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Inaugural Elman Poole Travelling Fellowship

7 April 2005

Inaugural Elman Poole Travelling Fellowship

University of Otago Biochemistry PhD candidate Peter Mace has been awarded the inaugural Elman Poole Travelling Fellowship, worth up to $25,000, for overseas study on proteins connected to sheep fertility.

Mr Mace, who also has a Bright Future Top Achiever Doctoral Scholarship, will use the Fellowship to travel to laboratories in Finland and the USA for three months to train in new techniques and use technology unavailable in Australasia.

Mr Mace’s research aims to explain at the molecular level how several small signalling proteins involved in sheep fertility interact with their receptors to kick-start cellular responses. Mutations in these proteins can profoundly affect sheep ovulation.

His research is supervised by Dr Sue Cutfield and supported by Ovita Ltd.

“There is certainly a lot of interest from the sheep industry in this type of research but any practical application from my study is some way down the road.

“First of all we need to find out how these signalling proteins interact and how they affect fertility. To do this we need to find out what the proteins look like in 3D because the shape affects how they work. For this I need to use a technique called X-ray crystallography,” Mr Mace says.

“That all might sound quite simple, but I can assure you it is not.”

Mr Mace has spent the past year isolating proteins in the Biochemistry Department and painstakingly processing them into crystals. However, the crystals are too small for their 3D structure to be identified using X-ray crystallographic equipment available in New Zealand.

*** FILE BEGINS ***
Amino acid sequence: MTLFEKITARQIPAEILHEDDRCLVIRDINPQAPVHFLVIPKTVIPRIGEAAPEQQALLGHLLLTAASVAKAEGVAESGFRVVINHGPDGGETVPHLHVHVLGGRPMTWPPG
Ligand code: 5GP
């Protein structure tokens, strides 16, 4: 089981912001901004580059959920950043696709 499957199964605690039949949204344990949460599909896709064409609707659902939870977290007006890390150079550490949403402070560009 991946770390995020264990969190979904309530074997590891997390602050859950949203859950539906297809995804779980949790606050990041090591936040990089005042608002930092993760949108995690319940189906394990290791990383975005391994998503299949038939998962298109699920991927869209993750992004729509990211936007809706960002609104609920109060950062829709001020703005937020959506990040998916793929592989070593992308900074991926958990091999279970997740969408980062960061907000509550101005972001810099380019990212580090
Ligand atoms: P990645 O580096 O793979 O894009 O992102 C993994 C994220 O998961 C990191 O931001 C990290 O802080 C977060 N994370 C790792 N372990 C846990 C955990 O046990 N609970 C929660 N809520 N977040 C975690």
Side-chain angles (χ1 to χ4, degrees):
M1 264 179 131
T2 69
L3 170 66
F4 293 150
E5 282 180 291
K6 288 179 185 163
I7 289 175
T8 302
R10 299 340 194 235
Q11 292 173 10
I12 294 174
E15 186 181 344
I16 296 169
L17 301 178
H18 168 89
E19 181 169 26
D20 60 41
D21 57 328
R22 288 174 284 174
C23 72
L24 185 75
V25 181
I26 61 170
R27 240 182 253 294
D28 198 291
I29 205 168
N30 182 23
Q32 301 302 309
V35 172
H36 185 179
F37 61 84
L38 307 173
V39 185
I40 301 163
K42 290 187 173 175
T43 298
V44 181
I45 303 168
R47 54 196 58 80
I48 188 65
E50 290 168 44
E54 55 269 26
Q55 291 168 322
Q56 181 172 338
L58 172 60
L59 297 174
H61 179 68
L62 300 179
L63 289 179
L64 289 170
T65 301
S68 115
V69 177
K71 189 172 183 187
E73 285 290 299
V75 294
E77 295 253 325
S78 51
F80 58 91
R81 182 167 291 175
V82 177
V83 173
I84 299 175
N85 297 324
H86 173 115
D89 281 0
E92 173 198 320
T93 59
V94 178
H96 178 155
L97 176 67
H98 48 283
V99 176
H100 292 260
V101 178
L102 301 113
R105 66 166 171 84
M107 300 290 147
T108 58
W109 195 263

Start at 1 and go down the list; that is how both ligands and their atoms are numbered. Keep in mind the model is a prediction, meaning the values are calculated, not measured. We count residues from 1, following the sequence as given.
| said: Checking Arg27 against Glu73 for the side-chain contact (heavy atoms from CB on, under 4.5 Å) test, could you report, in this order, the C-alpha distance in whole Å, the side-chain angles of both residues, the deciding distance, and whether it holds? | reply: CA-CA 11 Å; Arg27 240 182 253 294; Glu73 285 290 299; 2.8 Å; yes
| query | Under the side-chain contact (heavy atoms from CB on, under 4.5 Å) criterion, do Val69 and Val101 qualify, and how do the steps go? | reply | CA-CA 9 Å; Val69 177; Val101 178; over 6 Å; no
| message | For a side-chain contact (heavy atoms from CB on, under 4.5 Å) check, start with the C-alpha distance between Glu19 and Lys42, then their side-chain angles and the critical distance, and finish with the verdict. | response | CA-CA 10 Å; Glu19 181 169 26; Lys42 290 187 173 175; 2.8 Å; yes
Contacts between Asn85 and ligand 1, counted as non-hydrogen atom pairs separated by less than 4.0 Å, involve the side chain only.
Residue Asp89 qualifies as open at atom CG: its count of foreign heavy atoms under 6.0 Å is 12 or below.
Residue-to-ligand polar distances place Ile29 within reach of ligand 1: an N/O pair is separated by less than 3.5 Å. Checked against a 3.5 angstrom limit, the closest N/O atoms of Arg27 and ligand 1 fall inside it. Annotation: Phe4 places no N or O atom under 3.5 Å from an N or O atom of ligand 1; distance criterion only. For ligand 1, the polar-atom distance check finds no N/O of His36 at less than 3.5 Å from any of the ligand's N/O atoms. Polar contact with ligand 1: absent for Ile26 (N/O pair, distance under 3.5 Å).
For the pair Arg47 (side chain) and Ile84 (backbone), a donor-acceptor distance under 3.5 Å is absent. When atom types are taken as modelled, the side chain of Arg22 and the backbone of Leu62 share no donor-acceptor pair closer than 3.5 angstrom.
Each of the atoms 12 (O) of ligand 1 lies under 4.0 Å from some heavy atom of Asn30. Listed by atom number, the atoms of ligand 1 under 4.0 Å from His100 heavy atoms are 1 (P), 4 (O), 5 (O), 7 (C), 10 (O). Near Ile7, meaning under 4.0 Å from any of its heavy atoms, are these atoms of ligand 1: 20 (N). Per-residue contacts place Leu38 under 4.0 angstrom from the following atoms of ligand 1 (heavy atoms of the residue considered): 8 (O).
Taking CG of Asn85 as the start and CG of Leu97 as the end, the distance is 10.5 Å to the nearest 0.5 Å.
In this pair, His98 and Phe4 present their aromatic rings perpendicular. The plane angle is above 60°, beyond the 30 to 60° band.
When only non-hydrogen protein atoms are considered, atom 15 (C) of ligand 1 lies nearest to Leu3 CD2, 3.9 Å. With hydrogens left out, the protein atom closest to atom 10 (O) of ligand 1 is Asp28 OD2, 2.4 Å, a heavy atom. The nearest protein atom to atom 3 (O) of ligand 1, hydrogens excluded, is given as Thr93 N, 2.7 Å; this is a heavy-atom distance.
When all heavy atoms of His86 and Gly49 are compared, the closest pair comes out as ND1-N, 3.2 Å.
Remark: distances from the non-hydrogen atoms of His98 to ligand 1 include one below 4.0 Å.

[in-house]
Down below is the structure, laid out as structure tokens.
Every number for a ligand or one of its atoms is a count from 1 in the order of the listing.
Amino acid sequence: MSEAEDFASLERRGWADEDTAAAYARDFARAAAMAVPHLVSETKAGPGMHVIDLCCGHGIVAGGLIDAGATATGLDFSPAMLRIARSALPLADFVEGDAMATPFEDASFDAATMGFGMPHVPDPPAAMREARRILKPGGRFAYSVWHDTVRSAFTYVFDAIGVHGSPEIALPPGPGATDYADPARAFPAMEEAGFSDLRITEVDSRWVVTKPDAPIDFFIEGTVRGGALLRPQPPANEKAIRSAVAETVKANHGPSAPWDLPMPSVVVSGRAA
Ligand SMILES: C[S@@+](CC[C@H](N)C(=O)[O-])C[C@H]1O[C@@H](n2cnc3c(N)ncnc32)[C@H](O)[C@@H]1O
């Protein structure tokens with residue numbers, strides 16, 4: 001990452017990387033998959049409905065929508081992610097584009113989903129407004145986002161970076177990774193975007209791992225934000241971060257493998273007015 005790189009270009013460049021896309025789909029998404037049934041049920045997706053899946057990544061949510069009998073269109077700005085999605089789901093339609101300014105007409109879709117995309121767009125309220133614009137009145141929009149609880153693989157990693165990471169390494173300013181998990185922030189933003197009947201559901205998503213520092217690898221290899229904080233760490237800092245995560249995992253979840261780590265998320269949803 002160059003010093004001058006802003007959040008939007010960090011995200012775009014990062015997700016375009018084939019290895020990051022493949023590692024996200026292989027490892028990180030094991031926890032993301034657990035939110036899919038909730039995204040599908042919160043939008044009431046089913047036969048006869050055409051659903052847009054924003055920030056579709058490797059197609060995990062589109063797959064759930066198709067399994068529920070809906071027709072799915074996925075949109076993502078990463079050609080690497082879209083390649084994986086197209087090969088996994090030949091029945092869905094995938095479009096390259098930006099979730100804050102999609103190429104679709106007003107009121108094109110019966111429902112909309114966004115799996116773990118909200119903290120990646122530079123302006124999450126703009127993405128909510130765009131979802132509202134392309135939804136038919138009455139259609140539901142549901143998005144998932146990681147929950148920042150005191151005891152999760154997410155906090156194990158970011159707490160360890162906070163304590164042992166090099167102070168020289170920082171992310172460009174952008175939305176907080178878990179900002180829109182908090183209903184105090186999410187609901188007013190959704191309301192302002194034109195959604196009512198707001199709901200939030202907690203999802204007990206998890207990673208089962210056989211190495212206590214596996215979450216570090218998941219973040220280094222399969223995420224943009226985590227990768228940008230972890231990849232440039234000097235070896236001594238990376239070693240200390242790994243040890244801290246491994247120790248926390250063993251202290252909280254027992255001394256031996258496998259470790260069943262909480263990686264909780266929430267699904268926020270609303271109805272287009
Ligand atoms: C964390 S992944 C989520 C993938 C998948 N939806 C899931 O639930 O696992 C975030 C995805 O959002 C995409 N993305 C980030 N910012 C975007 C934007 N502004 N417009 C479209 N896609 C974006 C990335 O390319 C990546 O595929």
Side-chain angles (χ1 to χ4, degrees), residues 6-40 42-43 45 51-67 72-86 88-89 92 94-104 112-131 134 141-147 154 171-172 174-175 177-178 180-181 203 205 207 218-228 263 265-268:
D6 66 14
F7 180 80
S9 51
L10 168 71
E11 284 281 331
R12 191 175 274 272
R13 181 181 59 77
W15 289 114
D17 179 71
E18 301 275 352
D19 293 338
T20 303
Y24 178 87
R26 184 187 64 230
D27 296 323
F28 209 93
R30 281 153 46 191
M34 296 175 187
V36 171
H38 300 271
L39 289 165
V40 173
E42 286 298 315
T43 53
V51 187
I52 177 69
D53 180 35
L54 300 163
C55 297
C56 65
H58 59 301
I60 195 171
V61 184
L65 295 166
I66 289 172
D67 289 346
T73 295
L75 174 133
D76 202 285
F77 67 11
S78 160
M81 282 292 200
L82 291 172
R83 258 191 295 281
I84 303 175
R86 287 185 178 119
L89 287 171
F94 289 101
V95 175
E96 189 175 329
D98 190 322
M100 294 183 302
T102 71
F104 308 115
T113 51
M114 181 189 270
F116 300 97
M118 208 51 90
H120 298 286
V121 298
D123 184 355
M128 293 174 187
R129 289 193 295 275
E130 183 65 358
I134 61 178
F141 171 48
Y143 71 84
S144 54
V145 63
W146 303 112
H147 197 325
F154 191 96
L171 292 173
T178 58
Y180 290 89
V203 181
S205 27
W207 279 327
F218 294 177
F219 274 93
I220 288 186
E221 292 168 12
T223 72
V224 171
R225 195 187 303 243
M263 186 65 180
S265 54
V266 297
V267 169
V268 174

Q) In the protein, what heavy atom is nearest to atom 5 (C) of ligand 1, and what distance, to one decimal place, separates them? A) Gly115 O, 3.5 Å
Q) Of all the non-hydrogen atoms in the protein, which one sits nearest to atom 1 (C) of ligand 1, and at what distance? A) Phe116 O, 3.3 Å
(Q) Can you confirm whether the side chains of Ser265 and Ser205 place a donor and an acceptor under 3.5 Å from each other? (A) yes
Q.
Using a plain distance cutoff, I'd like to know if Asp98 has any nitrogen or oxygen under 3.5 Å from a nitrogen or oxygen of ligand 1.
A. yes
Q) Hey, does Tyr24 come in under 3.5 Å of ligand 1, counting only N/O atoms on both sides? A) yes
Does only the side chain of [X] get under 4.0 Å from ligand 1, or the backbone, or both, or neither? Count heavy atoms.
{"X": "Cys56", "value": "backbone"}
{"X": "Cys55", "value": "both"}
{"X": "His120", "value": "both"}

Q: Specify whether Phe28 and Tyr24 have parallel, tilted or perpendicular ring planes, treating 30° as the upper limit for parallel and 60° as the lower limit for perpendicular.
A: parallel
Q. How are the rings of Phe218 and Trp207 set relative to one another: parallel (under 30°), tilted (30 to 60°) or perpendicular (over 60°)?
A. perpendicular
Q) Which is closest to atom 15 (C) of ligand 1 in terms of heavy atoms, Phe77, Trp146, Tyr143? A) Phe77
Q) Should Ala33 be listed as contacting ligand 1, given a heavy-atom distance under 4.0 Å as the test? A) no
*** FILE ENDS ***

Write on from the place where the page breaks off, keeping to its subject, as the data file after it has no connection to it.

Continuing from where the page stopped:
He leaves tomorrow for the United States to attend a practical course in macromolecular X-Ray diffraction measurement at the National Synchrotron Light Source (NSLS) in Brookhaven. While there he will be able to test his crystals under the high intensity X-ray beam produced by the synchrotron.

Following this he will visit the laboratory of Dr Olli Ritvos at the University of Helsinki to utilise alternative techniques in protein production that may allow him to obtain better crystals.

“I was hoping to attend these facilities anyway, but this scholarship allows me to go for longer and be more active over there. It’s an amazing opportunity and I am very grateful for it,” Mr Mace says. He will also visit the benefactor Dr Elman Poole in Oxford.

Note: Dr Elman Poole graduated with the degree of Bachelor of Medicine and Bachelor of Surgery from the University of Otago in 1950. Dr Poole was born in Invercargill, Southland, New Zealand in 1925, and currently lives in Oxford, UK, where he is now retired from the Radcliffe Infirmary.

ENDS


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